• "...in 44 of the 50 states and the District of Columbia, the largest prison or jail held more people with serious mental illness than the largest state psychiatric hospital..."

  • Nearly 568,000 uninsured people who have been diagnosed with a serious mental health condition would have received treatment in 2014 if their states had chosen to expand Medicaid, according to the American Mental Health Counselors Association, a professional organization that does advocacy and education.

  • Children who are bullied by their peers may be more likely to suffer mental health problems later in life than kids who are abused by adults, a study suggests.

  • A plan to rewrite the nation’s primary education law is set to go before the U.S. Senate and it now includes a provision related to restraint and seclusion in schools.

  • The Obama administration is proposing new regulations that would sharply limit people with disabilities from entering employment situations where they earn less than minimum wage.

  • When direct support staff, who work hard for very little compensation, have access to affordable health care, the benefits extend far beyond just one person.

  • We’re all people. The same rules apply. We’ve all got things to deal with in life. Some people’s are just a bit more visible.

  • Isaac Zablocki co-founded a film festival to showcase films made by and about people with disabilities. The festival, called ReelAbilities, is now in its seventh year. "We tend not to like the films that show disability in a more clichéd sense," he says. "We like a more nuanced sense — or possibly even films that are not about the disability, but rather just happen to have disability in them."

  • The United Nations focuses strongly on “the pursuit of happiness” as “a fundamental human goal.”

  • The number of unresolved cases has mushroomed, as complaints have poured in from around the country about students from kindergarten through college facing discrimination on the basis of race, sex and disabilities.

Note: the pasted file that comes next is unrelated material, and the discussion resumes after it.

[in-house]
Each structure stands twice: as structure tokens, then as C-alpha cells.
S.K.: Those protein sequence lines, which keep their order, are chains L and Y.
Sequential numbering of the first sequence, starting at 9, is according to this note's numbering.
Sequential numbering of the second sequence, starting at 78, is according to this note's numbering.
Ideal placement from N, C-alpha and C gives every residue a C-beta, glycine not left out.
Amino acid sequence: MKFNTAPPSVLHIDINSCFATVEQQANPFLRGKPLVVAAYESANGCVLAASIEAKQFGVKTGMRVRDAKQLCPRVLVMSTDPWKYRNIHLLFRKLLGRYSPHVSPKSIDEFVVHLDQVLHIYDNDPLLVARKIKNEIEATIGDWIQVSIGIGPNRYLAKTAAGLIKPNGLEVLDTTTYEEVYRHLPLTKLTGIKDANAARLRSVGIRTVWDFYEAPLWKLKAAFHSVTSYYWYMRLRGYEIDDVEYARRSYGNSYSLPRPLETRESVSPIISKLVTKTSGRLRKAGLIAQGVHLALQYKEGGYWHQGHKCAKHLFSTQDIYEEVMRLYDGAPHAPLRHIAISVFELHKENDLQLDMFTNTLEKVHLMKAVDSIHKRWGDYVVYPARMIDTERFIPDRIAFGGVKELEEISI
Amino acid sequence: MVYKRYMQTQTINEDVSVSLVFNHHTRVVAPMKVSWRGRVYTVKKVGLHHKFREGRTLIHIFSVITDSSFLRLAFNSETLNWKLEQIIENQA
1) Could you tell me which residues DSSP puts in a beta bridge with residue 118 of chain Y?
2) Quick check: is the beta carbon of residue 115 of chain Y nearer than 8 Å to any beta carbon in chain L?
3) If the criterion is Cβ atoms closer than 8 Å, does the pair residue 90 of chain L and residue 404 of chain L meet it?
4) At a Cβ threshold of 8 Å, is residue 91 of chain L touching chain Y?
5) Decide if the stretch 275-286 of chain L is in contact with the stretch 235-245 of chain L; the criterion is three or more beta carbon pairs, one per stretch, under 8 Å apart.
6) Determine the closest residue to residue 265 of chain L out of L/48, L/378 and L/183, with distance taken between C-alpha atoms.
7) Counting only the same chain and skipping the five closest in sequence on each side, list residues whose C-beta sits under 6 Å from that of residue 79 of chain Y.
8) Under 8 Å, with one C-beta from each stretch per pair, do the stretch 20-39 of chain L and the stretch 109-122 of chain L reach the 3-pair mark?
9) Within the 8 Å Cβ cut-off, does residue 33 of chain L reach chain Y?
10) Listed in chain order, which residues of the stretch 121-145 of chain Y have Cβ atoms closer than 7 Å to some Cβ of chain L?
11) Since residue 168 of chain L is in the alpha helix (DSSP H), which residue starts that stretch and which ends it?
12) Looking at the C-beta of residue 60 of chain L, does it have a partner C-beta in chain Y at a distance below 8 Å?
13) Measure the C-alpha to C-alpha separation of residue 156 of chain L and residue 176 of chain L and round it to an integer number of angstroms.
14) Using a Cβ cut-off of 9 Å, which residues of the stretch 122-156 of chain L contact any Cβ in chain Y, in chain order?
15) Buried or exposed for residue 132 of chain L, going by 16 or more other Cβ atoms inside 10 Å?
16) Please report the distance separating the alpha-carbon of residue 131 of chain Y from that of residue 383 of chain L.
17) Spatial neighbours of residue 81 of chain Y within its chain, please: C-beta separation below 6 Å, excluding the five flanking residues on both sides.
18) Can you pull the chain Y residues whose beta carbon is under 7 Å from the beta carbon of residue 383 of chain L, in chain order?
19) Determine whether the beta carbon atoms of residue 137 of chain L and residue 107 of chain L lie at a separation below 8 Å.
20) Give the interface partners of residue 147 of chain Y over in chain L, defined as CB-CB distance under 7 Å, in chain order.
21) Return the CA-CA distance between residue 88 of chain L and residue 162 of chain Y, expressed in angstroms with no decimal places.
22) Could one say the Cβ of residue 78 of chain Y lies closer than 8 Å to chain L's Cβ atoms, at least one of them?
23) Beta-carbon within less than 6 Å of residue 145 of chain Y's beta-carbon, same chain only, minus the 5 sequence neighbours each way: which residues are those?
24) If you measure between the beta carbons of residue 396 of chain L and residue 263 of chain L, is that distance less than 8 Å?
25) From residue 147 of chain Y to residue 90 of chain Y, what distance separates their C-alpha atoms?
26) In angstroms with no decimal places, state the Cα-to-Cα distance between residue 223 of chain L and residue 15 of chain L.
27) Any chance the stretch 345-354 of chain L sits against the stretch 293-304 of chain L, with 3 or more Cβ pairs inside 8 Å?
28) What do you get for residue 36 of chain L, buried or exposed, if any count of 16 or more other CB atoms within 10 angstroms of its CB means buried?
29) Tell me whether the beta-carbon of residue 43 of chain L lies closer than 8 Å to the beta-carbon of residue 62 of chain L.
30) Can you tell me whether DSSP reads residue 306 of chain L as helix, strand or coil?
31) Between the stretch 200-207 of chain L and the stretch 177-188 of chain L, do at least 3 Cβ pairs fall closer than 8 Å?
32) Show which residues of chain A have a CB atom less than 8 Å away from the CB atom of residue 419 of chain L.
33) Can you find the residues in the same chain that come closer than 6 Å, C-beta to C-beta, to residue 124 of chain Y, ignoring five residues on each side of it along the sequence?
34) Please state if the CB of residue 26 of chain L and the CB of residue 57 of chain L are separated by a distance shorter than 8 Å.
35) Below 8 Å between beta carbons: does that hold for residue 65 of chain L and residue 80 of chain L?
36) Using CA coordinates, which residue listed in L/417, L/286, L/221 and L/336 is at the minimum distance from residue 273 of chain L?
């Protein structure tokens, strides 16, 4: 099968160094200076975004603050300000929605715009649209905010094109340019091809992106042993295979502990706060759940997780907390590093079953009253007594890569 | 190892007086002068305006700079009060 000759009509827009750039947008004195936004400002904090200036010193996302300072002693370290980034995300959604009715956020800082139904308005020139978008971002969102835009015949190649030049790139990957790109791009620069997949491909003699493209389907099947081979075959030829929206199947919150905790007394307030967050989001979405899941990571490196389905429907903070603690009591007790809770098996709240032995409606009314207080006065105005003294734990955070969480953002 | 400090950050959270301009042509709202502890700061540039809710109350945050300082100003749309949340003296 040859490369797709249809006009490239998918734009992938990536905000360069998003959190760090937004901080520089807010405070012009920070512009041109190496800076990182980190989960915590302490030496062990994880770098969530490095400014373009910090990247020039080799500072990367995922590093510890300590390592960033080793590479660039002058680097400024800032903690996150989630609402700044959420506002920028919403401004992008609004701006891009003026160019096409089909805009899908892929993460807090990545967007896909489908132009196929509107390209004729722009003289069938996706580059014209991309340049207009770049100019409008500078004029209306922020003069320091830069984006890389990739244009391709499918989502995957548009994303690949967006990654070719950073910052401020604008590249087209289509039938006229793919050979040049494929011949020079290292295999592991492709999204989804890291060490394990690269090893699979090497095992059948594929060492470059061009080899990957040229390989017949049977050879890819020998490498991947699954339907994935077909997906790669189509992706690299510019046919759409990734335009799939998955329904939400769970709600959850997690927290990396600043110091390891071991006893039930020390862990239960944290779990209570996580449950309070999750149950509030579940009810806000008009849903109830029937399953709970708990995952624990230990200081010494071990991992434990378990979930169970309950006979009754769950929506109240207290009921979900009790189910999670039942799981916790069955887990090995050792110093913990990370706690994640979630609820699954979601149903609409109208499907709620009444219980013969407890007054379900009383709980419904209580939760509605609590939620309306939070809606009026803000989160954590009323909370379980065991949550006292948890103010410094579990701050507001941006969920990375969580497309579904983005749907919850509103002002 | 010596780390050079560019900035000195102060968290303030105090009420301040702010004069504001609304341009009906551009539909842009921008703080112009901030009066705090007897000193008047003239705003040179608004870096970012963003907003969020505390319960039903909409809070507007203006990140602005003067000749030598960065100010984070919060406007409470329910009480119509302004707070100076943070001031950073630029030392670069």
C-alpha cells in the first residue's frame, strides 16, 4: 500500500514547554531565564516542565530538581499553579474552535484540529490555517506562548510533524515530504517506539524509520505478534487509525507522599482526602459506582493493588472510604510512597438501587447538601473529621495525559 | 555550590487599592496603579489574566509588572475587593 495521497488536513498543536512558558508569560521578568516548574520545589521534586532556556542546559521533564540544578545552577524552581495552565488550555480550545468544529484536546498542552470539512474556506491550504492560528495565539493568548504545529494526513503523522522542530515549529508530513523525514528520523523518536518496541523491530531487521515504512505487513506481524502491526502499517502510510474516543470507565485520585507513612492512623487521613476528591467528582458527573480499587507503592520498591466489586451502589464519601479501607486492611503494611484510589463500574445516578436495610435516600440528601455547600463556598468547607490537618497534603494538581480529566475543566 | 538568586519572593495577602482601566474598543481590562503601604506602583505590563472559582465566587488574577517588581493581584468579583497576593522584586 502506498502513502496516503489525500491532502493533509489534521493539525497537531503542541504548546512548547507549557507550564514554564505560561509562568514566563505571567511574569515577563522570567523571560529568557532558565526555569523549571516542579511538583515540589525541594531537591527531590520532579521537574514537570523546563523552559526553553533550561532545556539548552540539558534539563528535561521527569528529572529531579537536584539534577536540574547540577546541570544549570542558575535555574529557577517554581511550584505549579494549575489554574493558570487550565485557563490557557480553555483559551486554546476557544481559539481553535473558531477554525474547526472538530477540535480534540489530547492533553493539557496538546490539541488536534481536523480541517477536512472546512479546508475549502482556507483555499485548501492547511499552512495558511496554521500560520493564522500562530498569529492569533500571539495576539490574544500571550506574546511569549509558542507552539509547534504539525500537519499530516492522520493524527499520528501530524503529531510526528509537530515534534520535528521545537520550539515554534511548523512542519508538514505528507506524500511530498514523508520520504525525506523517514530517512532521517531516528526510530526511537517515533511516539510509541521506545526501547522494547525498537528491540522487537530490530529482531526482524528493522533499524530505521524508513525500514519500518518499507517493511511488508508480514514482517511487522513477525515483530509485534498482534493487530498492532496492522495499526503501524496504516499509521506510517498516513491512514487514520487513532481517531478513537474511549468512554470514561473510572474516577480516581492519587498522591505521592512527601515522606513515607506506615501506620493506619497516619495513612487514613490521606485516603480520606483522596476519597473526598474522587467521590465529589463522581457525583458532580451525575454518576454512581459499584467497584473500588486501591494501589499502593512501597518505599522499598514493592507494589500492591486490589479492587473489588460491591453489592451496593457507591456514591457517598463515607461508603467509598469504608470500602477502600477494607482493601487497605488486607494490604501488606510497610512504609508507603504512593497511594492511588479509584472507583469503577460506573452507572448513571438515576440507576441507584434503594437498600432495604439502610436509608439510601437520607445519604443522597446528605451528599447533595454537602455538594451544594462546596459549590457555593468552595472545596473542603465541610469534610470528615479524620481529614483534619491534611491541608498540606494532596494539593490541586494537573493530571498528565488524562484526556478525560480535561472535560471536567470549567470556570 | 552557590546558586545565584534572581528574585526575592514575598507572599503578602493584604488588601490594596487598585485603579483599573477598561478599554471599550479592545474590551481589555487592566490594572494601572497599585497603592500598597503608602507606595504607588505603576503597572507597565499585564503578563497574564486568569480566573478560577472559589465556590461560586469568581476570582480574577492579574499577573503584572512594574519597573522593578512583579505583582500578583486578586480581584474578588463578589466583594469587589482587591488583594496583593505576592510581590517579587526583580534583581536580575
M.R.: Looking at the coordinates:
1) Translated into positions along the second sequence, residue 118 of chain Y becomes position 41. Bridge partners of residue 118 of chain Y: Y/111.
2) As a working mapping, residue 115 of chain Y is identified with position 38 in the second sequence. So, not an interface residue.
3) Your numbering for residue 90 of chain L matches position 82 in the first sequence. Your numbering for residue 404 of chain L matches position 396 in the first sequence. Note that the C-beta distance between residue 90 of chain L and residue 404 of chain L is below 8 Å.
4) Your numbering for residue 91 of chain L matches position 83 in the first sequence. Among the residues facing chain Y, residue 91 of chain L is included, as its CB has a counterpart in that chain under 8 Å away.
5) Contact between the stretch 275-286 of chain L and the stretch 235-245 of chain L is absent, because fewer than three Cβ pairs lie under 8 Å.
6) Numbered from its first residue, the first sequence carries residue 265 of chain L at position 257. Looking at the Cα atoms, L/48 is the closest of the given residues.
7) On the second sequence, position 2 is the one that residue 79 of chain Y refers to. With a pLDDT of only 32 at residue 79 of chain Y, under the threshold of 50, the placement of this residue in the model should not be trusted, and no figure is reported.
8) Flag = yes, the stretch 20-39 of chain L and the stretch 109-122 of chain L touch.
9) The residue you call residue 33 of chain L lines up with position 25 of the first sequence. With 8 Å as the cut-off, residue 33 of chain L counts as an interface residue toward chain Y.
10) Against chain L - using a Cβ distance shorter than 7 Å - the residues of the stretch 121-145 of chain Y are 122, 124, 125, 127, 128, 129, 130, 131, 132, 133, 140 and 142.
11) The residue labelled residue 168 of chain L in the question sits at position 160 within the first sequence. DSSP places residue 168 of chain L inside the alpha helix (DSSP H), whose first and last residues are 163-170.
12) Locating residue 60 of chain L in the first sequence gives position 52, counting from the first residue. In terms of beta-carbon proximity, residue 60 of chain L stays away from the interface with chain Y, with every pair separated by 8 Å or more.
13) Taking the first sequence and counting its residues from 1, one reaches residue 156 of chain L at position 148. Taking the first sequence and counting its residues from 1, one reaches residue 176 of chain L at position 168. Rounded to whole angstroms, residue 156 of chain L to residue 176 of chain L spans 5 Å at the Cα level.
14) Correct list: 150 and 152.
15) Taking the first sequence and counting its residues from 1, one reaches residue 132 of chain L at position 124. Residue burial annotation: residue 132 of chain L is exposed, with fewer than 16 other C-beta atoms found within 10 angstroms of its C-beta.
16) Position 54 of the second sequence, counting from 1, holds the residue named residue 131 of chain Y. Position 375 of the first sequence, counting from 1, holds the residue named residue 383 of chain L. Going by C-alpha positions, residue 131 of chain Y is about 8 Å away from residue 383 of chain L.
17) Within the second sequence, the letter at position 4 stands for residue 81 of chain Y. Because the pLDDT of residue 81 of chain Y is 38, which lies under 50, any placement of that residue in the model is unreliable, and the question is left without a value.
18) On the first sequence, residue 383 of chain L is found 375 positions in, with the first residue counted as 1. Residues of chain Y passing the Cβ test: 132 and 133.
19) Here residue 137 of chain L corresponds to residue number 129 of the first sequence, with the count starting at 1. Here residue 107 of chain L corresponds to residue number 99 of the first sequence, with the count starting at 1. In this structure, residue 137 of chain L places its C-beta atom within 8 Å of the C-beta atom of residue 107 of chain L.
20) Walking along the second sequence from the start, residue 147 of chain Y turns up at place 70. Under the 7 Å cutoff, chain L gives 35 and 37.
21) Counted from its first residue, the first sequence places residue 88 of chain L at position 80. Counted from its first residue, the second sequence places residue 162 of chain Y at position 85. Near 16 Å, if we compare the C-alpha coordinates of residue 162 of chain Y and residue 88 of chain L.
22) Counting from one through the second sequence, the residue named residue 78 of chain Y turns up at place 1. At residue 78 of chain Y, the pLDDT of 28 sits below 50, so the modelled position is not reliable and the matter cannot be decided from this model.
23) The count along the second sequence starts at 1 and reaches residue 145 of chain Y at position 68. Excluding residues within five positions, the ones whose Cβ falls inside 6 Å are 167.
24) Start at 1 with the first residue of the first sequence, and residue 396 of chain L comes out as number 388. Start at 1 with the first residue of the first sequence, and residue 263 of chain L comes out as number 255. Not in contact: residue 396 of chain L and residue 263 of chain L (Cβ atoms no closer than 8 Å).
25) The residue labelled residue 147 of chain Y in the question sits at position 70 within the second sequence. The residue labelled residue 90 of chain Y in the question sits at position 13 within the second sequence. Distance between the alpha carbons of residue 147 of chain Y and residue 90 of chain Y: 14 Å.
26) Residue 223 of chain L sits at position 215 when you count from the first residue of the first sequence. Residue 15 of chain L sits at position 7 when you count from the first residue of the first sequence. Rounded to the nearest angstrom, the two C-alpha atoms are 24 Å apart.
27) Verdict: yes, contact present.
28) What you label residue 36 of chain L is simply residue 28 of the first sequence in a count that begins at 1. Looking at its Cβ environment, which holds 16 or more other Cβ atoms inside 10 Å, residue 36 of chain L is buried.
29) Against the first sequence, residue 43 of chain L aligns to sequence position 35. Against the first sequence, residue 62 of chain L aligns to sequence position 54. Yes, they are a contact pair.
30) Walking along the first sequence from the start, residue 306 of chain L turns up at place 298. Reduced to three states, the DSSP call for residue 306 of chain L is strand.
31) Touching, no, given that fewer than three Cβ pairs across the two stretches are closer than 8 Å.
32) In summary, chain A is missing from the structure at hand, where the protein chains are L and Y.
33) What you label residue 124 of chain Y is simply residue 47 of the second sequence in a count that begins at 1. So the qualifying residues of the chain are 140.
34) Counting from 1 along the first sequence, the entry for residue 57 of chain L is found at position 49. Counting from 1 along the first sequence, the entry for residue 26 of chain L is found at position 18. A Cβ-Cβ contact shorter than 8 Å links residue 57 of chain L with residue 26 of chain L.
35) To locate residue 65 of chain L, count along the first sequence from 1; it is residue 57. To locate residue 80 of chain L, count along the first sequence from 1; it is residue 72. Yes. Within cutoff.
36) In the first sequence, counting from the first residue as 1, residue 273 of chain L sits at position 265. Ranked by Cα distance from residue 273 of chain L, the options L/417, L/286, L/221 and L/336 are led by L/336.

• Jean Vanier, a Canadian, founder of L'Arche network of communities for people with mental disabilities, has won the 2015 Templeton Prize worth $1.7 million.

  • A U.S. district judge has struck down Nebraska's voter-approved ban on same sex marriage.

  • Will reform happen? The automatic triggering of draconian cuts makes it seem more likely, but the nearly 60-year history of SSDI suggests five major obstacles listed in this blog post from the Washington Post

  • As people with Down syndrome live longer than ever before, the National Institutes of Health is looking to reshape its efforts related to the chromosomal disorder.

  • A Social Security fund that provides benefits to nearly nine million people with disabilities is projected to run out by the end of 2016, and a new House rule could cause headaches for majority Republicans during the upcoming push to shore it up.

  • Film critic Scott Jordan Harris, who himself has a disability, approaches the validity of having non-disabled actors play persons with disabilities onscreen.

  • As a result of actions brought by the Pennsylvania Disability Rights Network, Pennsylvania prison inmates with serious mental illness who misbehave will be diverted to special treatment units instead of being put in isolated cells, according to a settlement released Tuesday.

  • The ABLE Act allows people with disabilities to set aside money, safe from the IRS, for certain purposes, without sacrificing their benefits.

  • A report showing students with disabilities and students of color are being suspended and expelled in the state's public schools at much higher rates than their non-disabled, white peers.

  • A technical rule change engineered by House Republicans on the first day of the new Congress may signal the beginning of a major battle over the future of the Social Security Disability program—and, more broadly, other federal programs for people with disabilities.

  • A new Nebraska Legislature will kick off its 90-day session, during which it is expected to debate property taxes, prisons and the state budget, among other things.

  • Jazz pianist Mike LeDonne takes inspiration from his daughter Mary to create an annual Disability Pride Day and parade in New York City.

  • A new independent report is calling for less federal oversight of the Beatrice State Development Center.

  • New mental health court to be tested in Iowa's 4th Judicial District. May provide a model for Nebraska.

  • DisArt Festival, a 15-day, multi-faceted celebration of arts, will be launched in downtown Grand Rapids in April to change perceptions about disabilities through art as well as to showcase the work of artists with disabilities.

  • Thoughtful article - what does independence and inclusion look like, and for whom, and where?

  • U.S. Senate Chose Politics over more than 1 Billion People with Disabilities

  • The Obama administration is reminding schools of their wide-ranging responsibilities to students with disabilities who struggle with speech and other communication difficulties.

  • Two deaf men have filed a federal lawsuit against Cookeville Regional Medical Center, accusing the hospital of violating the Americans with Disabilities Act for not providing sign language interpreters.